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Erik Martinez

Faculty Mentor: Dr. Karin Kram

CSUDH

Identifying genes that play a role in long-term survival of Escherichia coli

Escherichia coli can adapt to live in an environment without any additional nutrients for long periods of time. When E. coli grows in an environment where nutrients are scarce, they enter long term stationary phase (LTSP), which mimics a natural environment. In order to identify nonessential genes that play a role in survival during LTSP, we competed cells in the KEIO collection and wild type (WT) E. coli cells. The KEIO collection is a set of E. coli strains, each with a single-gene deletion of a nonessential gene. The KEIO collection represents all non-essential genes – with a total of 3985 strains. We performed competitions during 10 days of incubation, into LTSP. We observed cell growth after one, five, and ten days of incubation. After completing the entire collection, we identified 102 gene deletions that affected the cell’s ability to compete with WT. 29 strains with deletions had an advantage over WT cells, whereas the remaining 72 strains had a disadvantage when competed against the WT. Moving forward, we will confirm the phenotype of mutant strains to ensure that no additional factors were influencing the competition. We will then determine why these genes play a role in survival into LTSP by determining their function in long-term cultures.

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Jocelyn Molina

Faculty Mentor: Dr. Jorge Espinoza-Derout

Charles Drew University

Electronic Cigarettes Modulate the NAD+/PARP1/SIRT1 Axis in the ApoE knockout model

Electronic cigarette or electronic nicotine delivery systems (ENDS) have become an exceptionally popular alternative to conventional nicotine cigarettes. It is known that the use of tobacco can lead to DNA damage and mitochondrial dysfunction. A group of mice were exposed to saline, e-cigarettes without nicotine [e-cigarette (0%)] and e-cigarette (2.4%) nicotine [e-cigarette (2.4%)] for 12 weeks. Western blot analysis showed that mice treated with e-cigarette had increased PARP1 activity associated with reduced levels of SIRT1. Also, a decrease of NAD+/NADH levels was observed. These results demonstrate the adverse effects of e-cigarettes exposure leading to NAD+ deficiency which suggests a mechanistic link between e-cigarettes exposure-induced DNA damage and mitochondrial dysfunction.

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Alondra Pena

Faculty Mentor: Dr. Kamrul Hasan

Charles Drew University

Electronic Cigarettes Modulate the NAD+/PARP1/SIRT1 Axis in the ApoE knockout model

Electronic cigarette or electronic nicotine delivery systems (ENDS) have become an exceptionally popular alternative to conventional nicotine cigarettes. It is known that the use of tobacco can lead to DNA damage and mitochondrial dysfunction. A group of mice were exposed to saline, e-cigarettes without nicotine [e-cigarette (0%)] and e-cigarette (2.4%) nicotine [e-cigarette (2.4%)] for 12 weeks. Western blot analysis showed that mice treated with e-cigarette had increased PARP1 activity associated with reduced levels of SIRT1. Also, a decrease of NAD+/NADH levels was observed. These results demonstrate the adverse effects of e-cigarettes exposure leading to NAD+ deficiency which suggests a mechanistic link between e-cigarettes exposure-induced DNA damage and mitochondrial dysfunction.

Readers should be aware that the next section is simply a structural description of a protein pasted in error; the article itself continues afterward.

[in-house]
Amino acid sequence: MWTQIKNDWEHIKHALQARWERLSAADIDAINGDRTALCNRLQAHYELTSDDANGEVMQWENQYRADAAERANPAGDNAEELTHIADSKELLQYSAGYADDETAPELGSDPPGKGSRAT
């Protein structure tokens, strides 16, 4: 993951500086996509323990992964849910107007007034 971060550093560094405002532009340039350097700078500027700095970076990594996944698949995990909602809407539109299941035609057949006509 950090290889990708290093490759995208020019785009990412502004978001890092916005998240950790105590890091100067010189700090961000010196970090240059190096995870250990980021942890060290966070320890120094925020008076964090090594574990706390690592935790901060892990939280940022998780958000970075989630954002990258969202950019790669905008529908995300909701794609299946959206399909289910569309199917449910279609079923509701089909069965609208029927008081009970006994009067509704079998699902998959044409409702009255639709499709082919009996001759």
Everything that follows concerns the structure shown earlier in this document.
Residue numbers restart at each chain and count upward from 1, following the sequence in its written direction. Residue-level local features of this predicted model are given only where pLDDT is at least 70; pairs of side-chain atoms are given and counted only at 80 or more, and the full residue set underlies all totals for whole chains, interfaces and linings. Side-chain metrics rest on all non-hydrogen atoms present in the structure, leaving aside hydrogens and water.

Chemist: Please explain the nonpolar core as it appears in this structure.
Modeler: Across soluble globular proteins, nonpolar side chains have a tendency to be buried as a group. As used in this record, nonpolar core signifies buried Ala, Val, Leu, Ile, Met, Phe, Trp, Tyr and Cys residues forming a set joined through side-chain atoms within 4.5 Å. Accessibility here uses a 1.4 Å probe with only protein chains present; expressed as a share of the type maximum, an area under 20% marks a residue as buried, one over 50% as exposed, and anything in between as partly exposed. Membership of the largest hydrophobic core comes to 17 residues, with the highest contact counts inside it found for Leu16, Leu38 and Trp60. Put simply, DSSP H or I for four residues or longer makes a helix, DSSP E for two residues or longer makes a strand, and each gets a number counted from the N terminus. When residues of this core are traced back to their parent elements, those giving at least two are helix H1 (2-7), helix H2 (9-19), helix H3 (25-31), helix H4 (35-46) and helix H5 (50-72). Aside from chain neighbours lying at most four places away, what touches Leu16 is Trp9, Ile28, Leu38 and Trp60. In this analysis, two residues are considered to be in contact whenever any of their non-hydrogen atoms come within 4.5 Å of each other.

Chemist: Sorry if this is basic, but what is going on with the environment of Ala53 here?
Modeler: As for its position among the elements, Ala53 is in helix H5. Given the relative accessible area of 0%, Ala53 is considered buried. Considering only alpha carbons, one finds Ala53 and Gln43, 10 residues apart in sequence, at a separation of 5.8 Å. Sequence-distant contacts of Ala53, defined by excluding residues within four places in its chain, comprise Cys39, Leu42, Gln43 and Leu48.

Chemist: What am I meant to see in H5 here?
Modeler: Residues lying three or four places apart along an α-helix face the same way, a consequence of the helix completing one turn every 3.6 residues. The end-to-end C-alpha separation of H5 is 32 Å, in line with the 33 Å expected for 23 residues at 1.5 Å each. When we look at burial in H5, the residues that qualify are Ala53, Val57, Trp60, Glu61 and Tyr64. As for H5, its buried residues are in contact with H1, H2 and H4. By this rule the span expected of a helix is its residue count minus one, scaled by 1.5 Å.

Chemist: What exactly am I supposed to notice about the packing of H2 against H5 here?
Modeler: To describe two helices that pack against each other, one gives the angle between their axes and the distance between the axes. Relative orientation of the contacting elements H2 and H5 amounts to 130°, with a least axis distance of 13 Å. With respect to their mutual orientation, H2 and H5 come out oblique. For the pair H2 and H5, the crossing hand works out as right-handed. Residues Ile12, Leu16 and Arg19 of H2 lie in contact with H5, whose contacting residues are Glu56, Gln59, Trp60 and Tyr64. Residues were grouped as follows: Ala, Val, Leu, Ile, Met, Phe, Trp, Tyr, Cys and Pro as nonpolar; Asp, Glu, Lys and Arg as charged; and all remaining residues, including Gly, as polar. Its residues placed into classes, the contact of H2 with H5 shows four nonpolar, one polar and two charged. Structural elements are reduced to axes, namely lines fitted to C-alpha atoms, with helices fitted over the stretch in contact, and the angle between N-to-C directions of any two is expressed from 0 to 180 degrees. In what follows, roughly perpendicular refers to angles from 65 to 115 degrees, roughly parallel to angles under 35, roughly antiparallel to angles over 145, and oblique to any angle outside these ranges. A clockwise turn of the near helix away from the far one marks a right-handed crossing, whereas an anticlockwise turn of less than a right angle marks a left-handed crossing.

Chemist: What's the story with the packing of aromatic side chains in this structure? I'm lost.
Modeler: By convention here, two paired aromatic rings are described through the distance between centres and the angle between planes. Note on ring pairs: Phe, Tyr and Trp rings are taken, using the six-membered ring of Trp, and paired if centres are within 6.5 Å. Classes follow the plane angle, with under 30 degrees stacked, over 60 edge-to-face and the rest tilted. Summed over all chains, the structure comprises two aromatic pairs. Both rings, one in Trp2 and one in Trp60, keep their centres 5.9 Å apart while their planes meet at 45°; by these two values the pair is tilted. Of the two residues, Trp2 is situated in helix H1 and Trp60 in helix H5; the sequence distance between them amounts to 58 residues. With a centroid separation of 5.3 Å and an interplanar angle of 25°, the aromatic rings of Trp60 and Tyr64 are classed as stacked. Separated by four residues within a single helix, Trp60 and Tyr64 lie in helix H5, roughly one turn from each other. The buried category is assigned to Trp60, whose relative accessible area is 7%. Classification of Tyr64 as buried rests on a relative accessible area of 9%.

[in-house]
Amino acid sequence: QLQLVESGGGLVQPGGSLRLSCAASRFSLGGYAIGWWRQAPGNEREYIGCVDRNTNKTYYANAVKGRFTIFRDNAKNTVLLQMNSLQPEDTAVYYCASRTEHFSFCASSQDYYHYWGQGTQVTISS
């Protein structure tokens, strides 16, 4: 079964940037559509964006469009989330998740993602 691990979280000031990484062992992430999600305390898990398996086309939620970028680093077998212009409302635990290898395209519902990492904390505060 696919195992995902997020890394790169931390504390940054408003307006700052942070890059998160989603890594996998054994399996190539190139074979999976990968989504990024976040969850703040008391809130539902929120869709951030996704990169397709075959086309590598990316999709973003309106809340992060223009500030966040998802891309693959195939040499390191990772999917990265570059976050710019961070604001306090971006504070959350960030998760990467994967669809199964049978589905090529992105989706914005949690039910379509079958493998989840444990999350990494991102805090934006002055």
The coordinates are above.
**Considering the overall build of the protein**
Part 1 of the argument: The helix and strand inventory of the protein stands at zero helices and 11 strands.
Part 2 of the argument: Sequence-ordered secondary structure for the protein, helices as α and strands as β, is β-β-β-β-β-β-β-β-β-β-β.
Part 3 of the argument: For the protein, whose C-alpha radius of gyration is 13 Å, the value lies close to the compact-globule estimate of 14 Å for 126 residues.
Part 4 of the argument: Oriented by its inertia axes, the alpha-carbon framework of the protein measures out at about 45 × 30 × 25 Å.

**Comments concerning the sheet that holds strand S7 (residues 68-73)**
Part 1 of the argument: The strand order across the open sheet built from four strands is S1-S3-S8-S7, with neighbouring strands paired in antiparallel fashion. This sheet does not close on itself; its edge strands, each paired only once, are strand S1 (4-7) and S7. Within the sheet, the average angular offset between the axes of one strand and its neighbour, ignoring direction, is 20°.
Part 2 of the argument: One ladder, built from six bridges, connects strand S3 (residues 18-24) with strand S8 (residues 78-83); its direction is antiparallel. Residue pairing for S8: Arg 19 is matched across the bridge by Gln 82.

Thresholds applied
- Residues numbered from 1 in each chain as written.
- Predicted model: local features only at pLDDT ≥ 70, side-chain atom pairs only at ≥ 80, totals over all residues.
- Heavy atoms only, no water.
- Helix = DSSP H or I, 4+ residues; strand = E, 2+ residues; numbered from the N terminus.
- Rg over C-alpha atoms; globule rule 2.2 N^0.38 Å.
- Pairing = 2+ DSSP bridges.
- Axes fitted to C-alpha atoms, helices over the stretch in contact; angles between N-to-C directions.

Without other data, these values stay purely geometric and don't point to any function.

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Jason Williams

Faculty Mentor: Dr. Patrick Still

CSU Dominguez Hills

NMR Methods in the Elucidation of Quinone Alkaloids from Mostuea brunonis with Activity Against U87 Brain Glioma Cells

Mostuea brunonis is a shrub or climbing liane, with white flowers that may be pink or lilac with an orange to red throat, which is distributed primarily in sub-Saharan Africa. An extract of Mostuea brunonis was obtained from the NCI Active Repository Program and tested for cytotoxic activity against U87 glioblastoma cancer cells, using a sulforhodamine B colorimetric assay. A chromatographic sub-fraction of M. brunonis containing the quinolone alkaloid, pumiloside (1), showed a U87 glioblastoma cancer cell survival rate of 25.7%. Adjacent chromatographic fractions revealed the presence of a m/z = 511 [M+H]+ signal in the crude LC-MS spectrum. Purification of this signal employed a binary solvent gradient method using 20:80 to 50:50 (ACN-H2O) over 10 minutes using a Waters X-Bridge C-18 column. Preliminary inspection of the m/z 511 signal showed the compound to be an analogue of 1 fully saturated at position C18/19. Further analysis of the 1H NMR spectra also showed additional resonances at 2.6ppm and 5.9ppm suggesting a new analogue of 1. Further dereplication of the structure and 2D NMR spectra is being done to fully elucidate the compound. The results obtained here are support for structurally novel compounds from M. brunonis that have potential applications toward the treatment of refractory brain glioblastoma (GBM) cancers.